Sari Bari Quilt Auction & Raffle: 2013 Quilter Review


Freedom Quilters: Stephanie Kapadia & Jenn Rodriguez / Greater Baltimore Area, USA

Steph and Jenn met through a mutual friend and discovered shared loves of reading, gardening, craft, sewing and tea! Steph is a third generation quilter. Jenn is first generation quilter from a very creative family. She uses her creativity in her day job as a Landscape Designer for a commercial landscape maintenance company. Jenn’s love of plants and wacky design aesthetic spills over into her quilts with many floral themes and use of novelty fabrics.

Steph is the queen of research, both on the net and off and can find a solution for any creative problem! She’s a crafty librarian and shares her love of books with her husband and Dobby the House Hound.





Freedom Quilter: Kristin Perret-Gentil / Aurora, Colorado, USA

My name is Kristin, and I have lived in Colorado for almost 8 years.  I have a husband who is going through grad school right now to finish two master’s degrees, and while he is busy with that I stay home with our two kids; Aspen who is 4, and Beckett who is 2.  They keep me very busy and on my toes, but during my free time I love to quilt and sew clothes for my daughter (and every once in a while my son).  I loved the design of this quilt, and how the colors of these beautiful saris popped against the white background.  I really enjoyed making it and learned some new techniques along the way.  I hope you all enjoy it as well!

Sari Bari Quilt Auction & Raffle 2013: Quilter Review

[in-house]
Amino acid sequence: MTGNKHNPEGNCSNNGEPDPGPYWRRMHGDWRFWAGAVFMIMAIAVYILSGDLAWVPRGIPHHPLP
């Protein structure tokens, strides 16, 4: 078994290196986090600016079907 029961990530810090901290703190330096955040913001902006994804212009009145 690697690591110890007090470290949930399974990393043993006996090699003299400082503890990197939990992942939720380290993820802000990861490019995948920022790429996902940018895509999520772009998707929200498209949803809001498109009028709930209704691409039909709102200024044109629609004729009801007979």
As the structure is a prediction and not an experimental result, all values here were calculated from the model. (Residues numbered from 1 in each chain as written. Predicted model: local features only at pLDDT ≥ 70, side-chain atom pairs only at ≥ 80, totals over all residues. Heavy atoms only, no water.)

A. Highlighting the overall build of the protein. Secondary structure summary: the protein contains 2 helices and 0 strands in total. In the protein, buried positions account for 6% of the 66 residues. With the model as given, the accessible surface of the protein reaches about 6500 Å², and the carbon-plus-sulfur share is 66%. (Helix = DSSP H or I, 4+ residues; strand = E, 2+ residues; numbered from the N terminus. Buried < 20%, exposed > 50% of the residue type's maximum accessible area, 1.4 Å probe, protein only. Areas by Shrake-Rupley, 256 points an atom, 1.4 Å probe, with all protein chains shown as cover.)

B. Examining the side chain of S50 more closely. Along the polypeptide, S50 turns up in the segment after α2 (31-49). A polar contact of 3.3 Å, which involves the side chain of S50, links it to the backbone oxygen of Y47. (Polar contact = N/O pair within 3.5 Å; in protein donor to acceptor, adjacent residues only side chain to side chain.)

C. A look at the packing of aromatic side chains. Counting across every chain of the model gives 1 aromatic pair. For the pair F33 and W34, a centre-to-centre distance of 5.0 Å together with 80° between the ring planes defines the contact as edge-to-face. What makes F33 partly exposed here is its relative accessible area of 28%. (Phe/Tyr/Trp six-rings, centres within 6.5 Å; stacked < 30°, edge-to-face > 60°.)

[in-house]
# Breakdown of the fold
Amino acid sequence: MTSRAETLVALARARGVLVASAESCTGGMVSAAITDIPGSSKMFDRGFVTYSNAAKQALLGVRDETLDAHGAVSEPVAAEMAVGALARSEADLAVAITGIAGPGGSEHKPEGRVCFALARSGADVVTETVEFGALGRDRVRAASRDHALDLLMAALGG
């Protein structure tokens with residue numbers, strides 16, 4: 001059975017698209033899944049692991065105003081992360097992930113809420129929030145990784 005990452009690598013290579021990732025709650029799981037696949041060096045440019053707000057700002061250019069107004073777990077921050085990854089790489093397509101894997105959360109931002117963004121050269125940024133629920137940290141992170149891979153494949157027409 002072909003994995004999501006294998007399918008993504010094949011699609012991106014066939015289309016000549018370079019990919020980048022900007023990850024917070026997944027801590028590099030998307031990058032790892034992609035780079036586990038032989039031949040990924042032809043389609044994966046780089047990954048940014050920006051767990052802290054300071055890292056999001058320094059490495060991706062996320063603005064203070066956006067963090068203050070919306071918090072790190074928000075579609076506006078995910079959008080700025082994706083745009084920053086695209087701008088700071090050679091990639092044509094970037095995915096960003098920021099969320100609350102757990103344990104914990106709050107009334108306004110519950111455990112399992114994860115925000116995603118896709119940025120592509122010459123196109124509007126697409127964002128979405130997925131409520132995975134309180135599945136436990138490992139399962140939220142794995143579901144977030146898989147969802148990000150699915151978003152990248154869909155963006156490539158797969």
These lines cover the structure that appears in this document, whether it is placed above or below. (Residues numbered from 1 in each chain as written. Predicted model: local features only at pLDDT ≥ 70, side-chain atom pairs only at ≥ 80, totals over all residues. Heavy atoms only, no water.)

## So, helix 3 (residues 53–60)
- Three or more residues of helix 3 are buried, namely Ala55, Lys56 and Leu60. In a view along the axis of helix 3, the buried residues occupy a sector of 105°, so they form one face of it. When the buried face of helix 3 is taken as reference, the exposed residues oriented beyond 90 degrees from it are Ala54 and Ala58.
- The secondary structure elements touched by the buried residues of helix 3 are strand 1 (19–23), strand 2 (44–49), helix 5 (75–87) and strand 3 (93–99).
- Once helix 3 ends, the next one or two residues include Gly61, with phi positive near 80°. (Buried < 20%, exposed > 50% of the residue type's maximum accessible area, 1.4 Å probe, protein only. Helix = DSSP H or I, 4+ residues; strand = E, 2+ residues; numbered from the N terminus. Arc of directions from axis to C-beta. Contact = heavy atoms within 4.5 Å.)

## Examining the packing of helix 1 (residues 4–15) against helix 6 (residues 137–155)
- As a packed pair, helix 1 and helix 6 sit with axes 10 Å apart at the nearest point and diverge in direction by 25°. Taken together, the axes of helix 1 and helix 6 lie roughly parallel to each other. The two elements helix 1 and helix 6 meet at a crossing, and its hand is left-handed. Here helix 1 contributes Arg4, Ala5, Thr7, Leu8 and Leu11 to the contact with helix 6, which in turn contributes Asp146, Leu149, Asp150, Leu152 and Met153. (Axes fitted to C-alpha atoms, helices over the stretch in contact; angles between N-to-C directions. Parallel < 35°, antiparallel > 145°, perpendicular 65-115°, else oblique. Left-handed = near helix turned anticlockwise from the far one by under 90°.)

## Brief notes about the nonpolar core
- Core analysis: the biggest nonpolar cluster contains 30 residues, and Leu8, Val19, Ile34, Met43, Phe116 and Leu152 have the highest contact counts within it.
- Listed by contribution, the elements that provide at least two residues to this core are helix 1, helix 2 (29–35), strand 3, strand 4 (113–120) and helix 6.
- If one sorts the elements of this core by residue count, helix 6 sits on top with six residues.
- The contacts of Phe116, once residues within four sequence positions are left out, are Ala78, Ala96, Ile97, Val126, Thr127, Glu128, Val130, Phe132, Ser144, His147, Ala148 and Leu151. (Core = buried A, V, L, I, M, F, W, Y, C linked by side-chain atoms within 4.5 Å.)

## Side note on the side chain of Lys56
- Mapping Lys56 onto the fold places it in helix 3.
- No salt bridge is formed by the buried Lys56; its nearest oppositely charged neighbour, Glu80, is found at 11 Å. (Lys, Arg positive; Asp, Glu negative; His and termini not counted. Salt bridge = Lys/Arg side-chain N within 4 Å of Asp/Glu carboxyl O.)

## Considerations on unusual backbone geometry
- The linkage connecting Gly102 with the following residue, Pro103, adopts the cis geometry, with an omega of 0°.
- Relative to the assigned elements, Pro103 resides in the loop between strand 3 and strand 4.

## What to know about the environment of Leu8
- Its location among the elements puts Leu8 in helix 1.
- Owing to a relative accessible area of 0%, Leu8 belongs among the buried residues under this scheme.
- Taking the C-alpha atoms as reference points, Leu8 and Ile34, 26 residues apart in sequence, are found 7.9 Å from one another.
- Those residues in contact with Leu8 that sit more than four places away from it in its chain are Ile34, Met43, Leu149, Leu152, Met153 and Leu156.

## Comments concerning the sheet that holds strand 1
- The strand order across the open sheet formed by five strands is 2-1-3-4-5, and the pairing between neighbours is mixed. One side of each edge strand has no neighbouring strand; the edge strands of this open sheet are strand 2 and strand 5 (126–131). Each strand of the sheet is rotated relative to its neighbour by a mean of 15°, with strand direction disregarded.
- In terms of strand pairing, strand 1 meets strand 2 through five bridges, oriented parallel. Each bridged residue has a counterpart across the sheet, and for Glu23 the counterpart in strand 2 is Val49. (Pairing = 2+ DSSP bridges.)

Freedom Quilter: Debbie Hinkle / Smyrna, Tennessee, USA

I am a wife, mother of 4, physician assistant by day and “quiltaholic” any spare minute possible. When our oldest son (now 32)  went away to college, I started quilting. In 2010, our oldest daughter went on a mission trip to Calcutta, India. While there, she was able to meet many of the ladies who make the Sari Bari quilts and other handcrafted treasures.

I enjoy taking various pieces of fabric that are often castaways to make quilt. I am often reminded when quilting how people are often considered “too damaged” or “worthless” to be considered useful. When we put ourselves in Christ’s hands, he binds us together and makes something spectacular and unique to be used for His glory. Quilts made of used material when pieced together provide comfort, warmth, hope, beauty and love.

When Michelle, my oldest daughter, told me about the quilt auction fundraiser, I was so excited. How could I refuse? I get free material, a reason to make another quilt to give away and recruit new quilters through the Sari Bari program. I consider it a privilege to help my sister Sari Bari quilters to have ongoing opportunities for freedom, healing, recovery, hope and new beginnings.

Thank you for this opportunity.

Sari Bari Quilt Auction & Raffle: 2013 Quilter Review


Freedom Quilter: Stacy Wright / Stevens Point, Wisconsin, USA

Stacy has been sewing since she was nine years old, starting with clothing for herself and her dolls, then moving on to aprons and Halloween costumes for her son. She started quilting eight years ago, when she needed a way to use up all the scraps of fabric she accumulated over the years. She has made quilts for family members and has opened up a shop on Etsy called Sewright Fine Designs. She has been looking for a cause to support with her quilting skills and was happy to discover Sari Bari. She lives in Stevens Point, Wisconsin with her husband and son and their cat.





Freedom Quilter: Rosie Neave / London, England

I have always enjoyed working with different fabrics and was inspired as a little girl by my mum who ran her own textile design business and my grandma who was an incredible dressmaker. Although I’m only a novice quilter, I like to create large abstract pieces inspired by interesting patterns and designs. This is the second quilt I’ve made for the Sari Bari auction and whilst I’m sewing I think of the happy memories I have of travelling in India.  My Aunty Blue has also made a quilt for the auction this year and, although we don’t live near each other, I love the thought of both of us working on our quilts and we’ve shared a lot of texts about how they’ve been progressing.